GAO Report Reveals Extensive JCPA Concerns

In February 2022, the U.S. Government Accountability Office (GAO) convened a two-day workshop with participants from a variety of backgrounds, including “academics, legal scholars, independent and affiliated journalists, publishers, and representatives of non-governmental organizations and technology companies.” The GAO’s goal: compile insights about journalism and news consumption amidst an ongoing digital transformation.

One year later, following supplemental interviews and a literature review, the GAO released its expansive report. Among the initial findings within the 93-page report, one quite prominent acknowledgment stands out in the first paragraph:

“Consumers increasingly prefer to access news in digital rather than print formats, and the internet has given consumers access to many more sources of news and information, often for free.”

This conclusion affirms that the open internet has been and continues to be a boon for access to information.

Importantly, the GAO acknowledges that local publications face real challenges, but raises concerns that legislative proposals like the Journalism Competition and Preservation Act (JCPA) “could result in unintended consequences for smaller publishers and consumers.”

The JCPA and other its state-specific versions in California would force prominent online platforms (which the GAO emphasizes have substantially supported local news) to both carry and pay for links and snippets of content from outlets. The GAO report does not rubber stamp this legislation, instead it listed extensive concerns with the misguided solution.

Experts told the GAO that JCPA “would essentially create a national news cartel and harm consumers and deter innovation in news.” Furthermore, the GAO also points out the JCPA actually empowers big media at the expense of small publishers: “[A]llowing news publishers to collectively bargain with internet platforms may result in large publishers dominating the negotiations and leaving out small local publishers.”

Why are these findings notable? It demonstrates that the GAO doesn’t give credence to the media industry’s lobbyists at the News Media Alliance. Big Media’s arguments were considered and then promptly rejected.

Other copyright-related ideas from rightsholders were also taken into account by the GAO, though none were supported. The GAO cited a report from the U.S. Copyright Office that concluded news publishers already have “significant protections” under existing copyright law and explicitly recommended against “adopting additional copyright-like rights for press publishers.” Similarly, after reviewing international ancillary copyright proposals, the GAO pointed to stakeholder concerns that these proposals have “unintended consequences” for both consumers and small publishers.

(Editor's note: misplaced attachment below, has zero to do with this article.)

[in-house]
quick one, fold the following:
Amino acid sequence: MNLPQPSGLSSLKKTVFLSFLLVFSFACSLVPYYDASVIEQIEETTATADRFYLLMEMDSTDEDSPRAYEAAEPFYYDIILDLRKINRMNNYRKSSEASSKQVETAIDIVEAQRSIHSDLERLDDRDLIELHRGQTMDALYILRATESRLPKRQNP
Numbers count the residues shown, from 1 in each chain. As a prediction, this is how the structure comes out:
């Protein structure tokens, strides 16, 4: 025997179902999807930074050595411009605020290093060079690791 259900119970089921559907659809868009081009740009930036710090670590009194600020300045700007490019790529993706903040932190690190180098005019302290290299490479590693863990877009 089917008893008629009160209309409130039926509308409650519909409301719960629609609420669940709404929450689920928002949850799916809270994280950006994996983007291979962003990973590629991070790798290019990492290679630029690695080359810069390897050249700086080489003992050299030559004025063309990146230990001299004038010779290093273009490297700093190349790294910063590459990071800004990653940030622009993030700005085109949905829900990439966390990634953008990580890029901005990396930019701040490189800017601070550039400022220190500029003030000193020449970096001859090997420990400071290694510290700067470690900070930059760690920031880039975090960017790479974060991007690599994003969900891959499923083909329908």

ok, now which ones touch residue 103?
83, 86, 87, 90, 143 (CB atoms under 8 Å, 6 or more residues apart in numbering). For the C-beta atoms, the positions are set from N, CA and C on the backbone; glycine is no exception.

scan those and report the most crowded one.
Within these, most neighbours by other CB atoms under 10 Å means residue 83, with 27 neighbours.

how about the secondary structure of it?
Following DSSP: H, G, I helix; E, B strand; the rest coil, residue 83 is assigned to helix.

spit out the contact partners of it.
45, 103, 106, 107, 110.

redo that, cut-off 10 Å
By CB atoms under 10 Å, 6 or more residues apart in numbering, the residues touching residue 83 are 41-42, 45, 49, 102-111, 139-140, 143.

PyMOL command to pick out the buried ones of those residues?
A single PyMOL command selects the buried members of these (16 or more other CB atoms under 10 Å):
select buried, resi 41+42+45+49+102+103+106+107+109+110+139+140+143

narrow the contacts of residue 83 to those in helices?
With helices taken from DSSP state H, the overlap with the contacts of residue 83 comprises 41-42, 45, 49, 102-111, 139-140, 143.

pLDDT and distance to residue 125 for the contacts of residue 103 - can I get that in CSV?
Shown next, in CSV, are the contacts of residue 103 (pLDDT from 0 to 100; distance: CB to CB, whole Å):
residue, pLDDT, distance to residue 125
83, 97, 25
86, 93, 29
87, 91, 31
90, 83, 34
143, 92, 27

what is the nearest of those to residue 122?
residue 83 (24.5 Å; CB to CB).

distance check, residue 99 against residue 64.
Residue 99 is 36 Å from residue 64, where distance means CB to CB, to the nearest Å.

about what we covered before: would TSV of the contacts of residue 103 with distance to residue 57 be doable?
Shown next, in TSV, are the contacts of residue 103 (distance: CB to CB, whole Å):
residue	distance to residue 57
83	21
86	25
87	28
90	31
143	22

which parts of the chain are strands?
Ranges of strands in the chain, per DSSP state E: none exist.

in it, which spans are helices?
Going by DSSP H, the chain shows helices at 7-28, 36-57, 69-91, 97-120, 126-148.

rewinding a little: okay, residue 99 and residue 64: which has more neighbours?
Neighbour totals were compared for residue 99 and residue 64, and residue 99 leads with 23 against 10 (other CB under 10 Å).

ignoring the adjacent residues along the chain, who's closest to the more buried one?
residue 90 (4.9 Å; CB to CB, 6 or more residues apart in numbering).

Once again, the GAO reviewed copyright maximalists’ arguments and dismissed them over concerns for what benefits all of society.

These findings are timely, as they come at a point when those same well-funded special interests are continuing to stir up stale ideas. The JCPA has been re-introduced in the U.S. Senate, with a state version introduced in California. Publishing lobbyists are desperate to move this bill forward, despite Congressional and GAO rejections.

As acknowledged by the GAO report, the open internet has been a boon for news consumers. While local media does face challenges, it’s also clear that misguided policies like the JCPA that could fundamentally change how information is accessed online would erode consumer benefits while simultaneously lining media conglomerates’ pockets. To keep the public informed and bolster quality journalism, it’s time to stop reviving abandoned ideas and instead look to policies that, as the GAO asserted, are “innovation-friendly, forward-looking, and inclusive.”